Tag Archives: mystery

Review: The Girl on the Train by Paula Hawkins

27 Feb

The Girl on the Train by Paula Hawkins.  Riverhead Books, January 2015

  • ISBN-10: 1594633665
  • ISBN-13: 978-1594633669
  • Thriller, psychological thriller, mystery, suspense

The plot

Image courtesy of Goodreads

Rachel takes the same train each day on her commute to and from London.  Each day she looks out at the houses that parallel the train tracks.  She begins to actively observe the lives of a seemingly perfect couple who she sees as her daily train moves past their house.  One day while reading the newspaper, she discovers the woman she has been watching each day is missing.  Feeling as though she has a connection with the couple, Rachel decides to investigate the woman’s disappearance. She is quickly drawn into a complex web of conflict and deceit that she could not have imagined in her daily observations of the perfect couple whose life she watched as her daily trains trundled past their house.

Book Snitch’s thoughts

I honestly could not put this book down once I had read the opening chapter.  Whenever I take a train, I enjoyed spending time looking out of train windows and imagining the lives of the people whose houses I can see from the tracks.  Humans tend to be voyeuristic, and I have found we often tend to see the ‘flawless’ versions of people’s lives and we wonder what it would be like to live like someone else.  I think that Hawkins cleverly played on the idea that we like to observe others, so I enjoyed the premise of the flawed perception that Rachel has of the couple she watches.  Hawkins has alternating first person narratives, including the voice of the woman who goes missing, which has a similar feel to the style Gillian Flynn uses in Gone Girl.  She cleverly plants a lot of cryptic clues and a couple of false leads which kept me guessing throughout the novel until the finale.  Hawkins definitely manages to maintain suspense and a punchy pace throughout the narrative.  Rachel, the primary protagonist, is a flawed narrator with a drinking problem that results in only fragmented perceptions of events.  This was a clever gimmick which made the novel an nail-biting read.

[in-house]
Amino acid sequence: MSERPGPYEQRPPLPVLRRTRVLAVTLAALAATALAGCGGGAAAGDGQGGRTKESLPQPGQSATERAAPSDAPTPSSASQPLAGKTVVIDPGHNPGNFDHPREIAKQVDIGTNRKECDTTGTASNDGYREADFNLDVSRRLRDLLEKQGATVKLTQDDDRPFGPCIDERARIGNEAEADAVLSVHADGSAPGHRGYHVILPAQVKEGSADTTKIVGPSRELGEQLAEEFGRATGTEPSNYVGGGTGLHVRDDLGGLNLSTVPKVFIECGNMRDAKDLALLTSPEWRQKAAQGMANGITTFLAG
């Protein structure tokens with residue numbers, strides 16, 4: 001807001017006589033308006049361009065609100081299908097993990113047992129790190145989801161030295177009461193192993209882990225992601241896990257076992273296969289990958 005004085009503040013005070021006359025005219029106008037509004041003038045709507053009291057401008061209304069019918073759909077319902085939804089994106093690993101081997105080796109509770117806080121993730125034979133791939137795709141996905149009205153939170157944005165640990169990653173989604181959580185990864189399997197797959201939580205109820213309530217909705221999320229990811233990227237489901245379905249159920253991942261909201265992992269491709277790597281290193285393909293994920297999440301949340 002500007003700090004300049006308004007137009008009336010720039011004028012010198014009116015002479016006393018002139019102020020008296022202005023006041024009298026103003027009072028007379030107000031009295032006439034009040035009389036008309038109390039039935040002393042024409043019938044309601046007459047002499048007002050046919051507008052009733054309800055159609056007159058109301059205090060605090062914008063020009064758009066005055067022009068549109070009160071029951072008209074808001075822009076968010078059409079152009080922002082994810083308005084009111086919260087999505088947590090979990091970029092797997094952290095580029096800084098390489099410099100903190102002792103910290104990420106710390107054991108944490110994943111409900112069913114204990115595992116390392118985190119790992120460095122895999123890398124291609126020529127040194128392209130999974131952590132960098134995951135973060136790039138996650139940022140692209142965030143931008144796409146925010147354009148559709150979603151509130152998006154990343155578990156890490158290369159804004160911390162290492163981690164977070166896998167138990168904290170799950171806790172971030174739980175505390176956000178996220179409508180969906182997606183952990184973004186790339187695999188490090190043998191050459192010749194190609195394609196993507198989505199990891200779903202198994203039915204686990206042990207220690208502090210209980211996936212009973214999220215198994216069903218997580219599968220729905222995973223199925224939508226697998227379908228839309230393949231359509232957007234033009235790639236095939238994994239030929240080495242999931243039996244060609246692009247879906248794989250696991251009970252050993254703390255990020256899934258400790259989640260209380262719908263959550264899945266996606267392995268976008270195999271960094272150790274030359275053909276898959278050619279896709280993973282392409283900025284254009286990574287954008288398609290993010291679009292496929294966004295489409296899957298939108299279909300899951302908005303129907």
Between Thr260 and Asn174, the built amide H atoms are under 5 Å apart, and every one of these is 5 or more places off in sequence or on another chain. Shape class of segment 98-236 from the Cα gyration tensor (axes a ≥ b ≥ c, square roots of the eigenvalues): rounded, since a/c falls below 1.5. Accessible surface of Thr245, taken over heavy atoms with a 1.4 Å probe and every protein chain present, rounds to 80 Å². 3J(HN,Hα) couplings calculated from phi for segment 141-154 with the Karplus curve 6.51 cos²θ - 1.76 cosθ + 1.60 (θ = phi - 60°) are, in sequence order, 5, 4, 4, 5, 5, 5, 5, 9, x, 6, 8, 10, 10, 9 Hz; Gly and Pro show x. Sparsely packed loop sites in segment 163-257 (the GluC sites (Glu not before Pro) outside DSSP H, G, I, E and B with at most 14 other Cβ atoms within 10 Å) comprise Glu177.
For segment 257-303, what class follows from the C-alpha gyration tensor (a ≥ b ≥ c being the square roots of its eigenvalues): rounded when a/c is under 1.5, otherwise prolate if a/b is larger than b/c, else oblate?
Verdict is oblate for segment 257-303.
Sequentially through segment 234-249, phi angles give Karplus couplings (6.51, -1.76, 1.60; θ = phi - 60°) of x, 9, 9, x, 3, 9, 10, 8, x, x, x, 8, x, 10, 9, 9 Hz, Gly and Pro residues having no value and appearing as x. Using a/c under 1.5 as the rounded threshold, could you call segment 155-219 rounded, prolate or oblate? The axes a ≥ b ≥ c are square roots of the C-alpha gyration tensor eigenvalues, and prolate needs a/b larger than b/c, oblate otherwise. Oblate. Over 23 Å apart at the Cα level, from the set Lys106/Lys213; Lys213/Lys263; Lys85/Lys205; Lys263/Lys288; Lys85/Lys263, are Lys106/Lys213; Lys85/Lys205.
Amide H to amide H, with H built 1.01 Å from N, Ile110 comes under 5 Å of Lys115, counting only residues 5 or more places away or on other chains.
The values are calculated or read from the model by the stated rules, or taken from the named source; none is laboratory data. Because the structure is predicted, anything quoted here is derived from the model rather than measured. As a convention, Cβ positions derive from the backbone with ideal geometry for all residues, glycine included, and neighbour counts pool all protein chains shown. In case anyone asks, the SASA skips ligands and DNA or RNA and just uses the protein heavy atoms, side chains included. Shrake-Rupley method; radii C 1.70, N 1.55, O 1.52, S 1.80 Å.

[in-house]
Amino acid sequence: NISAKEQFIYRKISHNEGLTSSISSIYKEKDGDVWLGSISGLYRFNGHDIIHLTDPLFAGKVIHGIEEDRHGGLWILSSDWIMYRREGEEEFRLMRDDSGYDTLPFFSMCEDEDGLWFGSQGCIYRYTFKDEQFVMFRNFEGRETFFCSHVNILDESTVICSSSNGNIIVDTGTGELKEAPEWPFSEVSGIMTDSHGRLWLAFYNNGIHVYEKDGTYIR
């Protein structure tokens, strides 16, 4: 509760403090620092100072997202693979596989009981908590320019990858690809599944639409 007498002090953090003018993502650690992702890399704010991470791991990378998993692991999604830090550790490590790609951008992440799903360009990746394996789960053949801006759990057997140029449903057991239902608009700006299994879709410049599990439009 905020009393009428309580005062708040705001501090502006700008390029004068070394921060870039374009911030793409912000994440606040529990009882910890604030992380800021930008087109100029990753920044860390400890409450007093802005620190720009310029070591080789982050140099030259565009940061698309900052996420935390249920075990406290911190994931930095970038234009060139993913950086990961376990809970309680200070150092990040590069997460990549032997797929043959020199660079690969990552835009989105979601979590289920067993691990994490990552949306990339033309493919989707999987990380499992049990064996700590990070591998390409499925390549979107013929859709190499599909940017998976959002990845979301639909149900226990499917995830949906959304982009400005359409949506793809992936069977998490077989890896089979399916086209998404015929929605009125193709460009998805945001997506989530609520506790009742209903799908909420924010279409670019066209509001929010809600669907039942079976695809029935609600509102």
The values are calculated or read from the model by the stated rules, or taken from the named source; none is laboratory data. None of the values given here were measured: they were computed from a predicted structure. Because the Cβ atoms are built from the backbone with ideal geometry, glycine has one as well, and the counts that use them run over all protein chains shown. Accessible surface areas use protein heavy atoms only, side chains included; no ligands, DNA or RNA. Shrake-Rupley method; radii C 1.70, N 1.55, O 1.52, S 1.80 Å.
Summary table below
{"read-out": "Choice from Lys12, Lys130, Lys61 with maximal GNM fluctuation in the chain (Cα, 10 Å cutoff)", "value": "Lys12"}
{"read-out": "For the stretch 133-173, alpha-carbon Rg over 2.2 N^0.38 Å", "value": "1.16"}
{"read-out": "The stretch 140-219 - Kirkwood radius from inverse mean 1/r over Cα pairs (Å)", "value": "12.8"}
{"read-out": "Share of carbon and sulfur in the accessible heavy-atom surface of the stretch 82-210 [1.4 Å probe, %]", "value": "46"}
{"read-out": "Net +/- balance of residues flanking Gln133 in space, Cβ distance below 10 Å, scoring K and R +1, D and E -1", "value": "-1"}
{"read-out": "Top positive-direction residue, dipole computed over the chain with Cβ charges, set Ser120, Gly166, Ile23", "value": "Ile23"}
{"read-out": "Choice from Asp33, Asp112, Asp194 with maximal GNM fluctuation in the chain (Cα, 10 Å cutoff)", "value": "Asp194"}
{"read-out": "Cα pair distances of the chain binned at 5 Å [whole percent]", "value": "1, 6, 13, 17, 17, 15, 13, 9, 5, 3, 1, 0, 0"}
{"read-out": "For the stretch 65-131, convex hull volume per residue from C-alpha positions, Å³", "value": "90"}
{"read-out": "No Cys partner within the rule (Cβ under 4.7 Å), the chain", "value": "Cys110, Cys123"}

Who should read this?

I would recommend this to anyone looking for a page-turner, and more specifically fans of mystery or thrillers.  If you enjoyed the likes of Gillian Flynn’s contemporary psychological mysteries Gone Girl or Sharp Objects, this would also be a great choice.  My older students might enjoy this as a holiday read, and I will be recommending it to them for their Spring Break book list.

Book Snitch rating:  5/5 stars

Review – Thirteen Reasons Why

24 Apr

Th1rteen R3asons Why by Jay Asher.  Razorbill, 2011.

Image courtesy of en.wikipedia.org

  • 159514188X  ISBN-13: 978-1595141880
  • YA fiction; mystery; teenagers; drama

The Plot

Clay Jensen, a high school student, arrives home one day to find a package waiting for him.  Inside the package are casette tapes recorded by Hannah Baker, his High school crush.  Hannah committed suicide the week before, and the tapes are her thirteen reasons why she ended her life.  As Clay listens to the first couple of tapes, he realises that Hannah has left a personal testimony detailing the people who influenced her decision…and that he may have been one of them.

Book Snitch says:

Th1rteen R3asons Why is a detective story of sorts, and Asher combines Clay’s thoughts with Hannah’s as the reader switches between hearing Hannah’s explanations and observing Clay’s reactions.  The plot is well constructed and there are many moments when Hannah surprises you with the information she reveals, some of which will resonate with many high school readers.  Asher develops tension as Clay listens to each tape which describes the people who influenced her tragic decisions and why.  You’ll be gripped as Hannah hints at many events which are only revealed in later tapes, drawing you in on the mystery trail with Clay.

The power of the novel is transmitted through Clay’s reactions and our underlying knowledge that it is too late for Hannah.  Though the premise may seem depressing, Asher is careful to make sure that there is education in Hannah’s story.

Who should read this?

A great YA read for teenagers aged twelve upwards.  Mystery fiction fans may also like this one.

Book Snitch comment for educators:

Th1rteen R3asons Why would make a great support text for a Homeroom program in high schools, providing plenty of content relating to health and social issues teenagers should be encouraged to communicate about.

5 stars